A new look at the reactive uptake of HOBr onto acidic aerosols in the troposphere, with application to volcanic plumes and acidified marine aerosol - Archive ouverte HAL Access content directly
Conference Papers Year : 2013

A new look at the reactive uptake of HOBr onto acidic aerosols in the troposphere, with application to volcanic plumes and acidified marine aerosol

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Abstract

The reactive uptake of HOBr onto halogen-rich aerosols to form Br 2 is a key process enabling the autocatalytic formation of tropospheric BrO with impacts on atmospheric oxidants and mercury deposition. However, experimental data quantifying HOBr reactive uptake on tropospheric aerosols is limited, and reported values vary in magnitude. Here, we combine the reported experimental data into a single framework. By considering the elementary reaction mechanism of HOBr(aq) with Cl − (aq) and H + (aq) as two consecutive bi-molecular reactions rather than a ter-molecular process, we re-evaluate the acid-dependency of the reaction rate. HOBr(g) uptake coefficients are then calculated, reproducing the high uptake coefficient (>0.2) measured on HCl-acidified sea-salt particles and – for the first time – also the lower uptake coefficient (0.01) reported on highly H 2 SO 4-acidified sea-salt particles. Our new HOBr uptake calculations also provide a first explanation for the observed Br − (aq) excess in highly acidified sub-micron sea-salt particles simultaneous to Br − (aq) depletion in less acidic supra-micron particles. Finally, the parameterisation is used to predict HOBr uptake in volcanic plumes in the free troposphere, demonstrating the HOBr uptake coefficient is high (accommodation limited) in the upper troposphere but is reduced by low halogen-solubility (a function of temperature and humidity) in sulphate aerosol at lower altitudes. The study indicates HOBr uptake can readily act to promote multi-day BrO chemistry in volcanic plumes dispersing into the free troposphere, both due to continuous degassing from elevated volcano summits (e.g. Etna) or episodic eruptions (e.g. Eyjafjal-lajokull). However, numerical models that assume the HOBr(aq) reaction kinetics are ter-molecular in acidified sea-salt or volcanic aerosol may overestimate the aqueous-phase reaction rate and HOBr uptake coefficient.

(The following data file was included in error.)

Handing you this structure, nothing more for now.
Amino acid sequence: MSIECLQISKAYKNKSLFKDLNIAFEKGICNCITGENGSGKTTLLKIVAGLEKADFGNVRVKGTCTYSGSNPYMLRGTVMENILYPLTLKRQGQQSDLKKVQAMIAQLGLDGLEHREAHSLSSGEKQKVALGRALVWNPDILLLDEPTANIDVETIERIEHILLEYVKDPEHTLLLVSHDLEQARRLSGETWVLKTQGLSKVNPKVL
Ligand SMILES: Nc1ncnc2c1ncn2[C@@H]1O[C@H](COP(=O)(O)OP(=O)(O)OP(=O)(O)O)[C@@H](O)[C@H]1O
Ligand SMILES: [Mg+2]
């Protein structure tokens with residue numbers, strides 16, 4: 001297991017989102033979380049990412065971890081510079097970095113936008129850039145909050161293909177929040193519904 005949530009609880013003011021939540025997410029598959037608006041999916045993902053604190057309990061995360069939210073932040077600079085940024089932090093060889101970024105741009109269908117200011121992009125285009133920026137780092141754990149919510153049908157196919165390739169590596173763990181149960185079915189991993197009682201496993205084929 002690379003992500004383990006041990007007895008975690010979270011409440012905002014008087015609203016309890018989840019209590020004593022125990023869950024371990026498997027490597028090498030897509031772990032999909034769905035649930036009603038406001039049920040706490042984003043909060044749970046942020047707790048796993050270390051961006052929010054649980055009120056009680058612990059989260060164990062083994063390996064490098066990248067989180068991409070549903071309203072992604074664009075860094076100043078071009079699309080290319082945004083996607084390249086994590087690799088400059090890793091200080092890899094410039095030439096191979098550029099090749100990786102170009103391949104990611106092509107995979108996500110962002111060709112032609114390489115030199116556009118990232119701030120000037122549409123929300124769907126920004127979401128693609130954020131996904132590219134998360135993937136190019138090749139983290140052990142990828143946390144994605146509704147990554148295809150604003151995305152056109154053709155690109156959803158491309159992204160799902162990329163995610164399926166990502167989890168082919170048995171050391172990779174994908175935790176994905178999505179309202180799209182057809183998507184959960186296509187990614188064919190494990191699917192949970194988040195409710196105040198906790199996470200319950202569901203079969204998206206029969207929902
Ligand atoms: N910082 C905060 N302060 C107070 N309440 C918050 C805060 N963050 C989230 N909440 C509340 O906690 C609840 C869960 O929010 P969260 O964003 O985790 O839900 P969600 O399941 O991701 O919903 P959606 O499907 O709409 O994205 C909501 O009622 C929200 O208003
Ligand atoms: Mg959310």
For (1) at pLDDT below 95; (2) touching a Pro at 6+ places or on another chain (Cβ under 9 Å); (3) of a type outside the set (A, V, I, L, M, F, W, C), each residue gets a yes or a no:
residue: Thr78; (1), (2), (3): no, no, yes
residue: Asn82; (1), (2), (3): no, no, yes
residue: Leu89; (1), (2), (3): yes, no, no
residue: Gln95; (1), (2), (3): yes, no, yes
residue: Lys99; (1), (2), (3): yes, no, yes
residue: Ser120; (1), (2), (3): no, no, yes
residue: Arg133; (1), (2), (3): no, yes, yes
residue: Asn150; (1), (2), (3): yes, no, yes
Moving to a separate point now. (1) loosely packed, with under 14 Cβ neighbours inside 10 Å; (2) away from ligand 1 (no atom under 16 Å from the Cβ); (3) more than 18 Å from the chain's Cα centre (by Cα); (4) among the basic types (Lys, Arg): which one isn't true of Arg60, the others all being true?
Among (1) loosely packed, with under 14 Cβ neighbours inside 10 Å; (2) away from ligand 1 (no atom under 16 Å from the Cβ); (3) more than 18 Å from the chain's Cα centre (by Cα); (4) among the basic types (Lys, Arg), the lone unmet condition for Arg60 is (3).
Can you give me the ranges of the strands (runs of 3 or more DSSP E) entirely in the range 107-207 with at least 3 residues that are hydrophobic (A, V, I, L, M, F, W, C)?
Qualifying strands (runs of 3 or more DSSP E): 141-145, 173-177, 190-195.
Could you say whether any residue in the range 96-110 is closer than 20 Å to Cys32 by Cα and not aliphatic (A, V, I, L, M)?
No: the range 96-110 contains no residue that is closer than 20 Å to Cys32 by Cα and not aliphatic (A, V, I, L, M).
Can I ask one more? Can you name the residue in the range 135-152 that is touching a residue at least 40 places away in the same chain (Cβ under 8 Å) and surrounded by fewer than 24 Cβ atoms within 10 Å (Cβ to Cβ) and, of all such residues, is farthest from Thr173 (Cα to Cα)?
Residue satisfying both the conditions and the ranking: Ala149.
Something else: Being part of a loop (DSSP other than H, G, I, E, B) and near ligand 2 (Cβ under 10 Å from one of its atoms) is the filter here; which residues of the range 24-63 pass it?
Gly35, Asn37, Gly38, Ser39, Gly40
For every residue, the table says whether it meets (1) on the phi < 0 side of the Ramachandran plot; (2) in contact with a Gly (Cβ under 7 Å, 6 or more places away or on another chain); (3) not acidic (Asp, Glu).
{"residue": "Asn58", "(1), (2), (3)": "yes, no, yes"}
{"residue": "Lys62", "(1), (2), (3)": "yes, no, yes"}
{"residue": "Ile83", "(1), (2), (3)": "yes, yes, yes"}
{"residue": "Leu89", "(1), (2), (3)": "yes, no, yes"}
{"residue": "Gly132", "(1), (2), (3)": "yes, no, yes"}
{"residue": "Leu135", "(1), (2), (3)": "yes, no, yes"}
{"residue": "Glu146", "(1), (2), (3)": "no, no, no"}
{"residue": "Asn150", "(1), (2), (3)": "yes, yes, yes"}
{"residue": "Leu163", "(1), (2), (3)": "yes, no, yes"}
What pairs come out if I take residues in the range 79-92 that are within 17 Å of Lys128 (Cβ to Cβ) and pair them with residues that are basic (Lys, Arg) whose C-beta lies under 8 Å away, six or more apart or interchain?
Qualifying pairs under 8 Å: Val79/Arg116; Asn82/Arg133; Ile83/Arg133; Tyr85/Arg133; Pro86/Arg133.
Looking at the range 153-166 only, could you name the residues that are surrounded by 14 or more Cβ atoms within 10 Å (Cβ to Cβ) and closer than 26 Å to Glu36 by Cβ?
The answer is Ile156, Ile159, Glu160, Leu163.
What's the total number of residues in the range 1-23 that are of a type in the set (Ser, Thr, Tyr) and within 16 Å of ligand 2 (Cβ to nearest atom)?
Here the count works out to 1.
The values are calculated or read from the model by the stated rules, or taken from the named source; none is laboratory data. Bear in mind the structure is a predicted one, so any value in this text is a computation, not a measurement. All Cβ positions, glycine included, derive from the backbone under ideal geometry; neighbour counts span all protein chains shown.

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insu-01387051 , version 1 (15-11-2016)

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  • HAL Id : insu-01387051 , version 1

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Tjarda J. Roberts, Line Jourdain, Michel Pirre. A new look at the reactive uptake of HOBr onto acidic aerosols in the troposphere, with application to volcanic plumes and acidified marine aerosol. EGU General Assembly 2013, Apr 2013, Vienne, Austria. pp.2013 - 6076. ⟨insu-01387051⟩
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